Planet Auschwitz

Planet Auschwitz explores the diverse ways in which the Holocaust influences and shapes science fiction and horror film and television by focusing on notable contributions from the last fifty years.

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Author: Brian E. Crim

Publisher: Rutgers University Press

ISBN: 9781978801622

Category: History

Page: 280

View: 110

Planet Auschwitz explores the diverse ways in which the Holocaust influences and shapes science fiction and horror film and television by focusing on notable contributions from the last fifty years. The supernatural and extraterrestrial are rich and complex spaces with which to examine important Holocaust themes - trauma, guilt, grief, ideological fervor and perversion, industrialized killing, and the dangerous afterlife of Nazism after World War II. Planet Auschwitz explores why the Holocaust continues to set the standard for horror in the modern era and asks if the Holocaust is imaginable here on Earth, at least by those who perpetrated it, why not in a galaxy far, far away? The pervasive use of Holocaust imagery and plotlines in horror and science fiction reflects both our preoccupation with its enduring trauma and our persistent need to “work through” its many legacies. Planet Auschwitz website (https://planetauschwitz.com)

The Tattooist of Auschwitz

One of the bestselling books of the 21st century with over 6 million copies sold. Don't miss the conclusion to The Tattooist of Auschwitz Trilogy, Three Sisters. Available to pre-order now. I tattooed a number on her arm.

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Author: Heather Morris

Publisher: Bonnier Publishing Fiction Ltd.

ISBN: 9781785763663

Category: Fiction

Page: 368

View: 259

One of the bestselling books of the 21st century with over 6 million copies sold. Don't miss the conclusion to The Tattooist of Auschwitz Trilogy, Three Sisters. Available to pre-order now. I tattooed a number on her arm. She tattooed her name on my heart. In 1942, Lale Sokolov arrived in Auschwitz-Birkenau. He was given the job of tattooing the prisoners marked for survival - scratching numbers into his fellow victims' arms in indelible ink to create what would become one of the most potent symbols of the Holocaust. Waiting in line to be tattooed, terrified and shaking, was a young girl. For Lale - a dandy, a jack-the-lad, a bit of a chancer - it was love at first sight. And he was determined not only to survive himself, but to ensure this woman, Gita, did, too. So begins one of the most life-affirming, courageous, unforgettable and human stories of the Holocaust: the love story of the tattooist of Auschwitz. Discover Cilka's Journey, the incredible bestselling sequel to The Tattooist of Auschwitz. Out now. ----- 'Extraordinary - moving, confronting and uplifting . . . I recommend it unreservedly' Greame Simsion 'A moving and ultimately uplifting story of love, loyalties and friendship amidst the horrors of war . . . It's a triumph.' Jill Mansell 'A sincere . . . moving attempt to speak the unspeakable' Sunday Times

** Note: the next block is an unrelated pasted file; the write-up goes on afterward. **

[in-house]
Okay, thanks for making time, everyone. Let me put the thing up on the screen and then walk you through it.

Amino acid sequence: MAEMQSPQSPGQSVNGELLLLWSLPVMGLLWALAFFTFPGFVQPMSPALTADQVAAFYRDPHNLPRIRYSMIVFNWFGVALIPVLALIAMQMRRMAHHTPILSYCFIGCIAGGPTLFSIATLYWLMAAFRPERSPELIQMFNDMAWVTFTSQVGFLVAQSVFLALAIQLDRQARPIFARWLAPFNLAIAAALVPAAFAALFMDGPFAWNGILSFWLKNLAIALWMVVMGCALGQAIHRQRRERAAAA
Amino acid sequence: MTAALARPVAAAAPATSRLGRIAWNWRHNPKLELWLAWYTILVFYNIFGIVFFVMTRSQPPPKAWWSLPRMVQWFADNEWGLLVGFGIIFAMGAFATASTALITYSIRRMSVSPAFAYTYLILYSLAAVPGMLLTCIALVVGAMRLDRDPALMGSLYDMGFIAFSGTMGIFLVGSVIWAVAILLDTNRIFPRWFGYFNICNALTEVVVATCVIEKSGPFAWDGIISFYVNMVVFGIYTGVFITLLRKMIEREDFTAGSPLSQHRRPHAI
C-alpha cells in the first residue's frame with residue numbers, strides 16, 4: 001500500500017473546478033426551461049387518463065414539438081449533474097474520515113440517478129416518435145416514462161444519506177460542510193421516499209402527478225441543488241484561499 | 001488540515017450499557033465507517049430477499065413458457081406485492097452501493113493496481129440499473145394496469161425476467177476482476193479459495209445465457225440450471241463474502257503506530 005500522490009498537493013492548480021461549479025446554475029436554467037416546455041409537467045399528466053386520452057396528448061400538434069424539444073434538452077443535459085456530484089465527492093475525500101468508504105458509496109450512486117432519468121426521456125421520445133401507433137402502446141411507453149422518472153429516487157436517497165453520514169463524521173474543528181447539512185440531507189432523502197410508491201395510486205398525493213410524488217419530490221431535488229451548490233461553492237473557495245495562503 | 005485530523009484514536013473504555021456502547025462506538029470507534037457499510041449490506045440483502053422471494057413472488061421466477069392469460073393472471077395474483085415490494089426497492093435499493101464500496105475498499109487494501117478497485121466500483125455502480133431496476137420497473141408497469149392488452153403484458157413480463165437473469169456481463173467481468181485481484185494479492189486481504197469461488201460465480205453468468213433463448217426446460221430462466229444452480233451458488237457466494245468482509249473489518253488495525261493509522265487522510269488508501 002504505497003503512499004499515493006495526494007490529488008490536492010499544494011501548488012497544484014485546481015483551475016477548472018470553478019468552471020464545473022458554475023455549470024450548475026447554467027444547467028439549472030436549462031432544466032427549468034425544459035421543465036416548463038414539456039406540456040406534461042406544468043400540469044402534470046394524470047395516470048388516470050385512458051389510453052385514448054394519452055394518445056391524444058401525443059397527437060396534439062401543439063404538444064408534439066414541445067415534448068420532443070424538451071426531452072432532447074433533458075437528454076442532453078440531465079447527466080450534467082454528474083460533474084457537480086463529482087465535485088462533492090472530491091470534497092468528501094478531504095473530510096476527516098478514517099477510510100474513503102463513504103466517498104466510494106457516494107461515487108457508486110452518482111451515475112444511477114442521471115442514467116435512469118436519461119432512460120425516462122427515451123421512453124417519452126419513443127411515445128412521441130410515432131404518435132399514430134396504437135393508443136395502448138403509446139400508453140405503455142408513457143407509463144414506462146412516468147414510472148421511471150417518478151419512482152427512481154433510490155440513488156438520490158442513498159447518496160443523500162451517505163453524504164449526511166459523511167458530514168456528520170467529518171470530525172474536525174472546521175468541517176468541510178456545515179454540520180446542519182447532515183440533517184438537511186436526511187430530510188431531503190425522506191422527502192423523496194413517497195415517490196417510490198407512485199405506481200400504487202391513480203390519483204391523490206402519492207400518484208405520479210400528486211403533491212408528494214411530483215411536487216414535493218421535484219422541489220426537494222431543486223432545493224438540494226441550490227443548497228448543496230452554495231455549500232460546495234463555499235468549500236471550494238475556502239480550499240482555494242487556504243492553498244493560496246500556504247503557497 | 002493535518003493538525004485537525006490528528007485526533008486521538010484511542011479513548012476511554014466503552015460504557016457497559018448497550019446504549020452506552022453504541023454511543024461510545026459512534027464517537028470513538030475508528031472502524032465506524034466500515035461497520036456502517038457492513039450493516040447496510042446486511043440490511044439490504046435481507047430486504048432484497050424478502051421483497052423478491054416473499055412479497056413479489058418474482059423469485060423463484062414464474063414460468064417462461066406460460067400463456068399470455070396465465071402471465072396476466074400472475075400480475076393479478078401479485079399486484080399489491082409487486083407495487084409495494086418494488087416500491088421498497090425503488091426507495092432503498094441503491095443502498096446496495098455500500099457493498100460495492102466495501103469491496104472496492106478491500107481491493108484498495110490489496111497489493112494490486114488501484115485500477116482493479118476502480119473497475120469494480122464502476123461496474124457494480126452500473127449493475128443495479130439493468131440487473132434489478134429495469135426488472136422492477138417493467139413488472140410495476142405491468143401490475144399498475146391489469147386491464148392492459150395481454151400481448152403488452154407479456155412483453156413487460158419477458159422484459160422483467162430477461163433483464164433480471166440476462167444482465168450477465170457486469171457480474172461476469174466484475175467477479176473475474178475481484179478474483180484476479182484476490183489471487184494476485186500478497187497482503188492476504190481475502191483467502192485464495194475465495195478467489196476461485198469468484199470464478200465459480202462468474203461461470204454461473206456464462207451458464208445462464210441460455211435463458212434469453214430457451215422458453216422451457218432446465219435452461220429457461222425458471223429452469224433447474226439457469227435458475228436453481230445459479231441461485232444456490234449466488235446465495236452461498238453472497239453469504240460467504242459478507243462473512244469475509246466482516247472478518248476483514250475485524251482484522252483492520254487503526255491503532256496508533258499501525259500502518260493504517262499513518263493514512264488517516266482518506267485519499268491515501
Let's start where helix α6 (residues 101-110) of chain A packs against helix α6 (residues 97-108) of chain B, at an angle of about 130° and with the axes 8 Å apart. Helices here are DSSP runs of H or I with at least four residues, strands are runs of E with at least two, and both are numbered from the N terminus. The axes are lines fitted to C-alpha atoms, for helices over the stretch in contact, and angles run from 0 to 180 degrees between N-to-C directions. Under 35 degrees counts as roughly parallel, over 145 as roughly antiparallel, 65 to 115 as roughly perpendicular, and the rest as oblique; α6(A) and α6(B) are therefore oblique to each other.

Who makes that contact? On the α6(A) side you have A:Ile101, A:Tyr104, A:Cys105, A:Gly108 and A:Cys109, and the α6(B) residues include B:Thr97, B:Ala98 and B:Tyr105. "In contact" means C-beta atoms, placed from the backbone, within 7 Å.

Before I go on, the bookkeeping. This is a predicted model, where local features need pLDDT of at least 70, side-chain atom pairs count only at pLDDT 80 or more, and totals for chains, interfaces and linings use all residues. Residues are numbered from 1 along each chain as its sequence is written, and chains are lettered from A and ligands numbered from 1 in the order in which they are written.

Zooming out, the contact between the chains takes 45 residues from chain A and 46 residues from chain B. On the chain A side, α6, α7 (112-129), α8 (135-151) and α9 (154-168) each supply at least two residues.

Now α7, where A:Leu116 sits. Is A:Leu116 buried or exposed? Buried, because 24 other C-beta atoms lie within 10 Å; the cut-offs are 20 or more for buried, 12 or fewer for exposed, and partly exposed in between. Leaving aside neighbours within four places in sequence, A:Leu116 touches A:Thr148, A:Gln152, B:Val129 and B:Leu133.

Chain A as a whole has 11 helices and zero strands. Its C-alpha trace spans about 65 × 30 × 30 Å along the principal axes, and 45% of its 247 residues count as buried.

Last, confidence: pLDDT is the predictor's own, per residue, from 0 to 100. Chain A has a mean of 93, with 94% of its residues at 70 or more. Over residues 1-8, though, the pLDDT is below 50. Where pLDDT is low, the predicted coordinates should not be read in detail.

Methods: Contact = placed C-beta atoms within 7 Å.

The Case for Auschwitz

In connection with their defense, Penguin and Lipstadt engaged architectural historian Robert Jan van Pelt to present evidence for our knowledge that Auschwitz had been an extermination camp where up to one million Jews were killed, mainly ...

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Author: Robert Jan Van Pelt

Publisher: Indiana University Press

ISBN: 9780253028846

Category: History

Page: 592

View: 584